The state responds in charter case
Lawyers for the State Board of Education have fired back in the lawsuit where 14 school districts including Pinellas, Pasco and Hernando contend that they, and not the state, should have authority over the charter schools in their counties. The state contends that the districts' main argument, that the Florida Constitution grants them the sole control over all public schools in their bounds, creates a slippery slope that doesn't take into account reality and could lead to increasing litigation:
The education code is replete with provisions requiring close state-level involvement with public schools. If the Legislature's prerogative were narrowed, much of the code would be impacted and litigation would multiply.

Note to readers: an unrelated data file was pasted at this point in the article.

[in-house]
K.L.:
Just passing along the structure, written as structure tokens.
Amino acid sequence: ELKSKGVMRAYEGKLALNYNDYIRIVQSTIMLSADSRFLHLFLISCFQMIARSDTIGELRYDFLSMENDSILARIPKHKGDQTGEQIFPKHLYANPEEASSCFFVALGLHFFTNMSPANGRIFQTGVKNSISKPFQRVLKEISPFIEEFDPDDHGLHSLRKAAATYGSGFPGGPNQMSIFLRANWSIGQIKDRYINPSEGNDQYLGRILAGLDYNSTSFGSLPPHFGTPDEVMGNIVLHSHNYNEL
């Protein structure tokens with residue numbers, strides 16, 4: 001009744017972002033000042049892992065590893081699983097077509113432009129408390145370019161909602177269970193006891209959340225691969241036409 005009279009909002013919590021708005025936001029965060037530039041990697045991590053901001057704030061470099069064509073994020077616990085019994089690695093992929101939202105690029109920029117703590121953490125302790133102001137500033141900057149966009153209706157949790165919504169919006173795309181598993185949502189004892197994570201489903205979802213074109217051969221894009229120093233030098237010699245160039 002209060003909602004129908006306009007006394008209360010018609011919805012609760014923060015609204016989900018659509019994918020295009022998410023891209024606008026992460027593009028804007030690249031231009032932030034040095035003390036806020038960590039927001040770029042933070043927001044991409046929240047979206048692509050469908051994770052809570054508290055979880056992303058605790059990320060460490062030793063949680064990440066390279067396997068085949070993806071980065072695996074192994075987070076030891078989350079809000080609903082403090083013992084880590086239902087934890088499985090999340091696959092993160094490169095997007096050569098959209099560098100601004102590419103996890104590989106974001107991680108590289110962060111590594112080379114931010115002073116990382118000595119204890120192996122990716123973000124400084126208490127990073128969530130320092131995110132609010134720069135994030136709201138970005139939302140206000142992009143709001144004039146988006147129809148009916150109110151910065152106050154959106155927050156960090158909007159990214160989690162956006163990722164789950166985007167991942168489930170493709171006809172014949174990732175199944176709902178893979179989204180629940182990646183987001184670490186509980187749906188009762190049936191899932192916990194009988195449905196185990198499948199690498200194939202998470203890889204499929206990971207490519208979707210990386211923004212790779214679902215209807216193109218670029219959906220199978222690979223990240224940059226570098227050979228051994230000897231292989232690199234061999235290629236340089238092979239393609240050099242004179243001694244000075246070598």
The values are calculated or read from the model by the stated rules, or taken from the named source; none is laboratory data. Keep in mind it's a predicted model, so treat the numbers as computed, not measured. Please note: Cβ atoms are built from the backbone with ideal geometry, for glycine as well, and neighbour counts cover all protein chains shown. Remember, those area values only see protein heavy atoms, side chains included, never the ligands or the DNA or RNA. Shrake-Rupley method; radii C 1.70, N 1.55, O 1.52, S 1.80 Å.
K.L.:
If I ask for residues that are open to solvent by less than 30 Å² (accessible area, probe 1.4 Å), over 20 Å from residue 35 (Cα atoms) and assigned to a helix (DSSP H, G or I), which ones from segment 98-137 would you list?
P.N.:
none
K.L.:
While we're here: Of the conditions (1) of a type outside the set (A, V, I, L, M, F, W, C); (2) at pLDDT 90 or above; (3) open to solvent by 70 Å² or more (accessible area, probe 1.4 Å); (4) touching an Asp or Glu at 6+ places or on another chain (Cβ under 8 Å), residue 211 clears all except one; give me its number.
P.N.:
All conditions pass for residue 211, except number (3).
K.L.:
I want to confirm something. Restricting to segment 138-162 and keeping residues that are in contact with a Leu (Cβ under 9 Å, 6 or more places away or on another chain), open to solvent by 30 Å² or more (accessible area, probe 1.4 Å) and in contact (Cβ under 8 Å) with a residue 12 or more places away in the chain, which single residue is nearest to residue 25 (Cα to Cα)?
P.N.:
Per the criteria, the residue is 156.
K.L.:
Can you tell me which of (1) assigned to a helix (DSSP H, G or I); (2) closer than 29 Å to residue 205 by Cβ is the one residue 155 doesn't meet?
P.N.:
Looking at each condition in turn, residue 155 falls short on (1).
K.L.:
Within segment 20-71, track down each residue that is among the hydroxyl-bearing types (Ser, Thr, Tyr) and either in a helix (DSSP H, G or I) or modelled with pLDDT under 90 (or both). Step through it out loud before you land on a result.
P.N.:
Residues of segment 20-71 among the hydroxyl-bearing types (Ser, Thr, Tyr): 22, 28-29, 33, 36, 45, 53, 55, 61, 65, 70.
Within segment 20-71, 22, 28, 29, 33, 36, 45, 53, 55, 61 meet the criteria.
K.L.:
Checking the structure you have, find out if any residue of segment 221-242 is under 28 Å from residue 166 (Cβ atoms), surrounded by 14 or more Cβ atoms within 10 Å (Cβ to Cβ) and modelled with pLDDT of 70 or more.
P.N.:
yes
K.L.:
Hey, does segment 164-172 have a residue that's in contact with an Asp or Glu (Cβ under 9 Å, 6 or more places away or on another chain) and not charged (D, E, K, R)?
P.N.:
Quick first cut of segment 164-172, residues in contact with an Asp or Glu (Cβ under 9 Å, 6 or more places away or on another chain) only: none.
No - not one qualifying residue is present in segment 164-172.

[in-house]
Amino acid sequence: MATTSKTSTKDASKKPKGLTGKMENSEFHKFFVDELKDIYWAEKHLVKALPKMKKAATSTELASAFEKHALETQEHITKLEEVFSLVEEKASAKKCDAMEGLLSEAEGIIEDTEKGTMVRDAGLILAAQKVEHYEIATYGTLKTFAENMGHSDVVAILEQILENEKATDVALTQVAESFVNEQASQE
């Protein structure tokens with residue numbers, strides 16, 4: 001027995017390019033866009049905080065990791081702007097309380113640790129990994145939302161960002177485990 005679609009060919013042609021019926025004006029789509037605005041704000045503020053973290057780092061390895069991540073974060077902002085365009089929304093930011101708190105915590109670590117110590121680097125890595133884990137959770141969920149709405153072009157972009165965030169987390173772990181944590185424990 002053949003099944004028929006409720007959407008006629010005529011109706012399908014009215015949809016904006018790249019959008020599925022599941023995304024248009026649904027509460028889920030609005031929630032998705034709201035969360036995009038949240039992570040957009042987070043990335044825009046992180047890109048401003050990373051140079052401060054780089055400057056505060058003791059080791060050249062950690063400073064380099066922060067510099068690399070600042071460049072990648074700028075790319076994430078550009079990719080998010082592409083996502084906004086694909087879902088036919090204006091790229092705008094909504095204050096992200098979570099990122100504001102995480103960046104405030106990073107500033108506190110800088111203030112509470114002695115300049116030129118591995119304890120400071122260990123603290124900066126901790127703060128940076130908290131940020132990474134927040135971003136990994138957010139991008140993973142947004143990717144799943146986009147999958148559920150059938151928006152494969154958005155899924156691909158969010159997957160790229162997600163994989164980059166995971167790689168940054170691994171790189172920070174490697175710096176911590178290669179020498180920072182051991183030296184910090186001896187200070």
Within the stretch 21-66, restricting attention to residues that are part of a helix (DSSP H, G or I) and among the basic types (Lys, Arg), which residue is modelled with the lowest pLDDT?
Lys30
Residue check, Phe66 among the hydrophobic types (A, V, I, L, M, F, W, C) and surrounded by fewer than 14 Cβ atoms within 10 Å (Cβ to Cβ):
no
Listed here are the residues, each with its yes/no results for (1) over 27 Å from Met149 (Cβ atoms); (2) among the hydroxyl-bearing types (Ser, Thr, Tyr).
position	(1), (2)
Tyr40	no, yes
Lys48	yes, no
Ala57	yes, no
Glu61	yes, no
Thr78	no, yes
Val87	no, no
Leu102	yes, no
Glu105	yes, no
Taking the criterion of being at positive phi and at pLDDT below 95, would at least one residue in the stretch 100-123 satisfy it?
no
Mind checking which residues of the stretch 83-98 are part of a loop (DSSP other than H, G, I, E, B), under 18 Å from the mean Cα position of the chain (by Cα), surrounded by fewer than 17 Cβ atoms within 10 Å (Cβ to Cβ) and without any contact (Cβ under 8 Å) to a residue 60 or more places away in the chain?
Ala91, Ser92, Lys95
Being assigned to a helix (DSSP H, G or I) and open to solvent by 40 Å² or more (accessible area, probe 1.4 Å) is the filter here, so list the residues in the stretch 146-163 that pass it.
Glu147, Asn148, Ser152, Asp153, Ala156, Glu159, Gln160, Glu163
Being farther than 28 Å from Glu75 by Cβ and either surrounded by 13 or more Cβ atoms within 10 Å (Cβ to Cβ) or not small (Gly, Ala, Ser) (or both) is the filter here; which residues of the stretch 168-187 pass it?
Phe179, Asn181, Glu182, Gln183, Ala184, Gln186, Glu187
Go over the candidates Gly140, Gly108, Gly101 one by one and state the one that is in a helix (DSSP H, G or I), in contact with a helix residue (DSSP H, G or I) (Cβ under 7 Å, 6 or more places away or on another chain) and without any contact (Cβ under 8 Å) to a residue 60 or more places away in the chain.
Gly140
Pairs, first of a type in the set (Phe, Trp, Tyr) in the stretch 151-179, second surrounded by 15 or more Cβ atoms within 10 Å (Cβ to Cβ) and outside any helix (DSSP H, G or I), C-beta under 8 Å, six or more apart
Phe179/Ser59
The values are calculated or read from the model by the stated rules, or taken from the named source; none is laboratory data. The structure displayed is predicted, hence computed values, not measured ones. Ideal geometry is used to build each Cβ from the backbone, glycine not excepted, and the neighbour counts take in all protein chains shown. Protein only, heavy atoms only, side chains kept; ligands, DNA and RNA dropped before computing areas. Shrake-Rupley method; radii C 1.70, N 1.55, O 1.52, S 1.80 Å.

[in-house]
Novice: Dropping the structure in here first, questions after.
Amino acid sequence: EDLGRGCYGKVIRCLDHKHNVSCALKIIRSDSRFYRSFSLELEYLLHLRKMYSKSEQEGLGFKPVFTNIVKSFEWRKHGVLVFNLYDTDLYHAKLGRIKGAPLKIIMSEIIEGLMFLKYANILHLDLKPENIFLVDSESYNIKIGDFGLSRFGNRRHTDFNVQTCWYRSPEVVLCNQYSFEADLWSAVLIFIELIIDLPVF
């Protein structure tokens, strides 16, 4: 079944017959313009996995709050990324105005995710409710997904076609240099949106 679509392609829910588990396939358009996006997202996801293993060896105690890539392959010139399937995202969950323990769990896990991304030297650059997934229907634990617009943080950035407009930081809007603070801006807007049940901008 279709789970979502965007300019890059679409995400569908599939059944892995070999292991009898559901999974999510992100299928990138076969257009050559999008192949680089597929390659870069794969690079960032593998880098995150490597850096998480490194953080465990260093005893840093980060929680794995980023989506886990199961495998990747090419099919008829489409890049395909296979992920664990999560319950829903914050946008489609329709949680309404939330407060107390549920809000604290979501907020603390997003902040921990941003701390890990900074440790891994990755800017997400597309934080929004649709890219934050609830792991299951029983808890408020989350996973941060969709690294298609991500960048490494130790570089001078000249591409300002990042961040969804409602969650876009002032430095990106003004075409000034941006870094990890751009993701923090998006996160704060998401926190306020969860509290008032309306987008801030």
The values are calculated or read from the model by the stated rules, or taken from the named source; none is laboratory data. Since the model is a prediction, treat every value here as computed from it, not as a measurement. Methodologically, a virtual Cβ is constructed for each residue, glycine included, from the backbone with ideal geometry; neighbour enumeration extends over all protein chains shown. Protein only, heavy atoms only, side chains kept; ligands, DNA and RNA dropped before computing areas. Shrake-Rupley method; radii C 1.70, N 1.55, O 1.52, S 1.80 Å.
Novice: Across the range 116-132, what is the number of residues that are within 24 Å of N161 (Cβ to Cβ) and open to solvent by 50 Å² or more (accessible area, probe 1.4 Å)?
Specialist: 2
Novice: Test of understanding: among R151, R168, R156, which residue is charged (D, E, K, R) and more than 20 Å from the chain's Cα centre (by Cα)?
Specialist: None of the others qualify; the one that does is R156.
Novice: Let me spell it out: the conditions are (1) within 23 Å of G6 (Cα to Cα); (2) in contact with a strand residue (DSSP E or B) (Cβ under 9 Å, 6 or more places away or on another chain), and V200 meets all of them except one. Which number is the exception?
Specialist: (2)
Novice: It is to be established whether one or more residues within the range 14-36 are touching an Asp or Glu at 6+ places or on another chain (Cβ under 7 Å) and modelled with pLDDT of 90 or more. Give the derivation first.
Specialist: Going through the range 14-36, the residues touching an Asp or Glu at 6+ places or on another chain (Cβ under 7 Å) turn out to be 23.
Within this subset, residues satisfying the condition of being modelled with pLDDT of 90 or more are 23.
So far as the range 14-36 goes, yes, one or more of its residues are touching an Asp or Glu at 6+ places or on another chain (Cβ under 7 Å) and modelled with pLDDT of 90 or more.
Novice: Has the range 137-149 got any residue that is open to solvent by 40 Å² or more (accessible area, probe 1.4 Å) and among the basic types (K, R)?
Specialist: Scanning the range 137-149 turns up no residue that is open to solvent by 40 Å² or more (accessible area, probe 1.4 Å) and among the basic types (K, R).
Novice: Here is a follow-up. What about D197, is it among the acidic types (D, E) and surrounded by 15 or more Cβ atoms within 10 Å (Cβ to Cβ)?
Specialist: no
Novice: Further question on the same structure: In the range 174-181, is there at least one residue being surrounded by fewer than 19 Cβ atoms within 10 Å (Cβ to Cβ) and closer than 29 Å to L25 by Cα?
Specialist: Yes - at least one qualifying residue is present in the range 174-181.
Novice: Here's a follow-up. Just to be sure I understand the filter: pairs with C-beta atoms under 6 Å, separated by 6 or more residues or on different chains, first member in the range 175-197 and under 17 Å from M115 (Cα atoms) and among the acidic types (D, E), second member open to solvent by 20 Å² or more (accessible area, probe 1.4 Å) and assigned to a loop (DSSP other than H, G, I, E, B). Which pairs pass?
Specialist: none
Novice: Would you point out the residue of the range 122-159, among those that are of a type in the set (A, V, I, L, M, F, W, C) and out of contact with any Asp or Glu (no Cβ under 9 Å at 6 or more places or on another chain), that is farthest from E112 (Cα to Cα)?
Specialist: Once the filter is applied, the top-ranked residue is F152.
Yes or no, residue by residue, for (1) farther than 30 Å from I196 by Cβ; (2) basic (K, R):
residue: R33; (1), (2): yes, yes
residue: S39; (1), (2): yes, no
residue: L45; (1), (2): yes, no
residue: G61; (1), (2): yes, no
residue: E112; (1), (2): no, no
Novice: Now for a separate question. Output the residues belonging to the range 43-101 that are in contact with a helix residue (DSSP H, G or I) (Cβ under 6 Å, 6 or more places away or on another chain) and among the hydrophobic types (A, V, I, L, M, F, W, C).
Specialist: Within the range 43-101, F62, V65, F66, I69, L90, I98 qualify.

Further, the state argues that the law creating the Florida Schools of Excellence Commission doesn't take away school district powers, anyway:
Significantly, the new law did not diminish the district school boards' authority to oversee charter schools under the pre-existing charter school law (§ 1002.33, Fla. Stat.); school boards retain the same authority to receive applications and to authorize charter schools. The Commission only has "concurrent" authority to authorize charter schools.
It's a lengthy answer to the original complaint. If you want more, read the full brief here. Enjoy.